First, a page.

They say fashion moves in cycles, with trends becoming a rage, declining in popularity and then rising to prominence once again several decades later. However, sometimes technology allows for innovations in fashion that are entirely new, with no bearing in the past. And that’s what seems to be happening now. A fashion designer in the UK teamed up with a chemical engineering professor to create real, viable spray-on clothing. All you need to do with Fabrican, as they call it, is spray it on naked skin and voila: you are clothed. Fabrican’s formula consists of short fabrics held together by polymers and a solvent that renders the fabric into liquid form. Within seconds of spraying it on your skin, the fabric becomes solid. The actual substances used are not very different from what are already present in synthetic clothing, and so they don’t pose any health risks. According to the inventors, the characteristics of the clothing, such as strength, texture and flexibility, depend on the type of fibers used in the solution—natural fibers like wool, cotton, silk and cellulose are available, as are synthetic ones like nylon. And, if you live in cold place, simply spray on more layers to make your clothing thicker.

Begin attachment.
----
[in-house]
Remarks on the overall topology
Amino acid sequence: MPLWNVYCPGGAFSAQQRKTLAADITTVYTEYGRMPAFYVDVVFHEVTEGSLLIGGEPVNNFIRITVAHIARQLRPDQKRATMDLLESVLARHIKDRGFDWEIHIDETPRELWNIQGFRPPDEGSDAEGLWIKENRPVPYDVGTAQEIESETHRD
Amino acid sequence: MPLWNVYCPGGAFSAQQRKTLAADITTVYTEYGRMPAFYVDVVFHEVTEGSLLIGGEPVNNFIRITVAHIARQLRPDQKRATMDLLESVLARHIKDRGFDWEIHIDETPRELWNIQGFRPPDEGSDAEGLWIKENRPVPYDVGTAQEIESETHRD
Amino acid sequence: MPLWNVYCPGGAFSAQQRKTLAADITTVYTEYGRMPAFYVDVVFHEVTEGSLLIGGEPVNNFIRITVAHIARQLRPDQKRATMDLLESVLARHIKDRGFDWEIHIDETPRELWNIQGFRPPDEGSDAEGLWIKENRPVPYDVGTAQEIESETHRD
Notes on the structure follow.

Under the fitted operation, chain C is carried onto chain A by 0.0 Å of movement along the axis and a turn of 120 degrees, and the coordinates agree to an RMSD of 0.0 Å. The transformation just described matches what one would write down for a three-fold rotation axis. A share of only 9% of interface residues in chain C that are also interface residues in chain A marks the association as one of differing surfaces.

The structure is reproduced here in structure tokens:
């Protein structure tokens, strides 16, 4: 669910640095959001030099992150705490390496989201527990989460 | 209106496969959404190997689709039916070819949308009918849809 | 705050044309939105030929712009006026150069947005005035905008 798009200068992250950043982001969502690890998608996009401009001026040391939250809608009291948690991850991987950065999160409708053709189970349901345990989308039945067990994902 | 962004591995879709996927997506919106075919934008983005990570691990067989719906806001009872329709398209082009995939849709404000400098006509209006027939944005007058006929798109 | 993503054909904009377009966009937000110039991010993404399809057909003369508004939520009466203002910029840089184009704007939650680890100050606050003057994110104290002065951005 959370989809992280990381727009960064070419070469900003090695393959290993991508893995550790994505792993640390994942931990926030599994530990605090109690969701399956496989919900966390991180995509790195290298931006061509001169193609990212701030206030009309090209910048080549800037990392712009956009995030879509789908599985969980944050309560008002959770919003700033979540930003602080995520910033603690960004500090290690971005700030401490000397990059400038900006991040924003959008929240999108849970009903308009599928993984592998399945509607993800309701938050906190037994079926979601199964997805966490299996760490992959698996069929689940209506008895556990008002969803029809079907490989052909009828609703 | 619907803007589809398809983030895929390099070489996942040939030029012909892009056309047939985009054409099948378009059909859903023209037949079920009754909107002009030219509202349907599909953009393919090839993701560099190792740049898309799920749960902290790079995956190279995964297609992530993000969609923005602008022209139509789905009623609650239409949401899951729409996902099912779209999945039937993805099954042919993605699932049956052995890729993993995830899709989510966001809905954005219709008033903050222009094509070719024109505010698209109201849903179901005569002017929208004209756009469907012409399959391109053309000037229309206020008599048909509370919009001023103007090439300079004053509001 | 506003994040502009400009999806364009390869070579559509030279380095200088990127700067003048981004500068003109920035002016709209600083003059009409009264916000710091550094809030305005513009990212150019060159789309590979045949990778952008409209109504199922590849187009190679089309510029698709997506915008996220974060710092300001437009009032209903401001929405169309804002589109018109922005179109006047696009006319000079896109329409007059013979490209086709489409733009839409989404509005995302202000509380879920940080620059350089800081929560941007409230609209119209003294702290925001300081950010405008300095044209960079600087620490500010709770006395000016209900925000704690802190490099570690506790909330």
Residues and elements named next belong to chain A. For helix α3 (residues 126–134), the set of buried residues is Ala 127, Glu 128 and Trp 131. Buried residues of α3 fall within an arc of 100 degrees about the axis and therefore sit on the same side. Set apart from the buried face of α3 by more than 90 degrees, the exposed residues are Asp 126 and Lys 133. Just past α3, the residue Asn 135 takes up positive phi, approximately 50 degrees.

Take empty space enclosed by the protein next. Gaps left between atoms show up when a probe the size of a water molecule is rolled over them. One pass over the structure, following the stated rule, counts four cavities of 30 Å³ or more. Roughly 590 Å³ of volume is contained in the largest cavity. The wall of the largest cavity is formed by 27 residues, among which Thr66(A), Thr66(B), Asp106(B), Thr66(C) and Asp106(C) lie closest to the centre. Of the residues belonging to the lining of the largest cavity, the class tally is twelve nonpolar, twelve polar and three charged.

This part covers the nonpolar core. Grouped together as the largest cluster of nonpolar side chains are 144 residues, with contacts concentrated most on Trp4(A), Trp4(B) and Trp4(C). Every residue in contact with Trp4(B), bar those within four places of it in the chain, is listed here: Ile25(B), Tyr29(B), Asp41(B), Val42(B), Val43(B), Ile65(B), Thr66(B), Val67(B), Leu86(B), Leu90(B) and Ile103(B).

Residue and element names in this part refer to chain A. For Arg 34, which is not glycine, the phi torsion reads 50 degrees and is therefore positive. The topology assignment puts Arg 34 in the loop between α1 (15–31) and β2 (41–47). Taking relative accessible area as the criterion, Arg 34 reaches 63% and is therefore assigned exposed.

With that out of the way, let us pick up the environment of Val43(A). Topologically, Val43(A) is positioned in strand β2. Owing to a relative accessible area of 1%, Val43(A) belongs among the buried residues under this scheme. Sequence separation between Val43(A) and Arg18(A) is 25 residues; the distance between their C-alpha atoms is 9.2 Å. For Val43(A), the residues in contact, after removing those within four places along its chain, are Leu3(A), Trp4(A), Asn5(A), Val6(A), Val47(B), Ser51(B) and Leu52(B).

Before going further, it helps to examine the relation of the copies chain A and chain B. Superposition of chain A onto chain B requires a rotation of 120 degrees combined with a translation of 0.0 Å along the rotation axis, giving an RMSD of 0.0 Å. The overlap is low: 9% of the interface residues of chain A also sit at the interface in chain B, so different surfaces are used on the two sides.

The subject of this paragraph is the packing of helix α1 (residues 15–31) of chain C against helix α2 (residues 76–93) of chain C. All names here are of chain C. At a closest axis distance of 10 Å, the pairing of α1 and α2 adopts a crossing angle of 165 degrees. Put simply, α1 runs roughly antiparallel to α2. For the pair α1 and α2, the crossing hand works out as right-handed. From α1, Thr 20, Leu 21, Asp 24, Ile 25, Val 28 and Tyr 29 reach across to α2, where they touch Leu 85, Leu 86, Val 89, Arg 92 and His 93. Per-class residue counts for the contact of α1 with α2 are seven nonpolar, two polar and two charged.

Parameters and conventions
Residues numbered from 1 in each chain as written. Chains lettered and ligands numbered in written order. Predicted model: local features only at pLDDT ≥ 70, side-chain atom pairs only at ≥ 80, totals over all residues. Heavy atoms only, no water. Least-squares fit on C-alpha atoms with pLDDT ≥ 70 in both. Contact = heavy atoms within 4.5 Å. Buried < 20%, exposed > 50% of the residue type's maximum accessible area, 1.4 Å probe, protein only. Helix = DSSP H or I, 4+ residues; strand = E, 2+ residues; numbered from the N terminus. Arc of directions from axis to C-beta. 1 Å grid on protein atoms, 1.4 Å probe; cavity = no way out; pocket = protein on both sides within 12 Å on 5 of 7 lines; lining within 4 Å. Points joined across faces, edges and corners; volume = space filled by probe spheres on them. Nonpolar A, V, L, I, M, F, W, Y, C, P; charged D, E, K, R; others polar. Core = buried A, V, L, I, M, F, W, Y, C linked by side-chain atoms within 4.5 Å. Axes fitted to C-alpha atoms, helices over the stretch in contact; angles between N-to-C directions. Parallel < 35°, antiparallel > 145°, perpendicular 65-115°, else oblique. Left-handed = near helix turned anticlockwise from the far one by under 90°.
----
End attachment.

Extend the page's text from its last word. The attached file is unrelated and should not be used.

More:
Now, the possibilities in the fashion industry seem endless, but the spray-on method is so useful that it is being looked at by the UK military and several car makers to meet their needs. The UK military is already working on prototypes for spray-on plaster casts and bandages—the advantage being that the material is sterile when sprayed. Spray-on clothes may yet be a few years away, but the inventors see smaller items like sprayed towels and napkins reaching the market quite soon.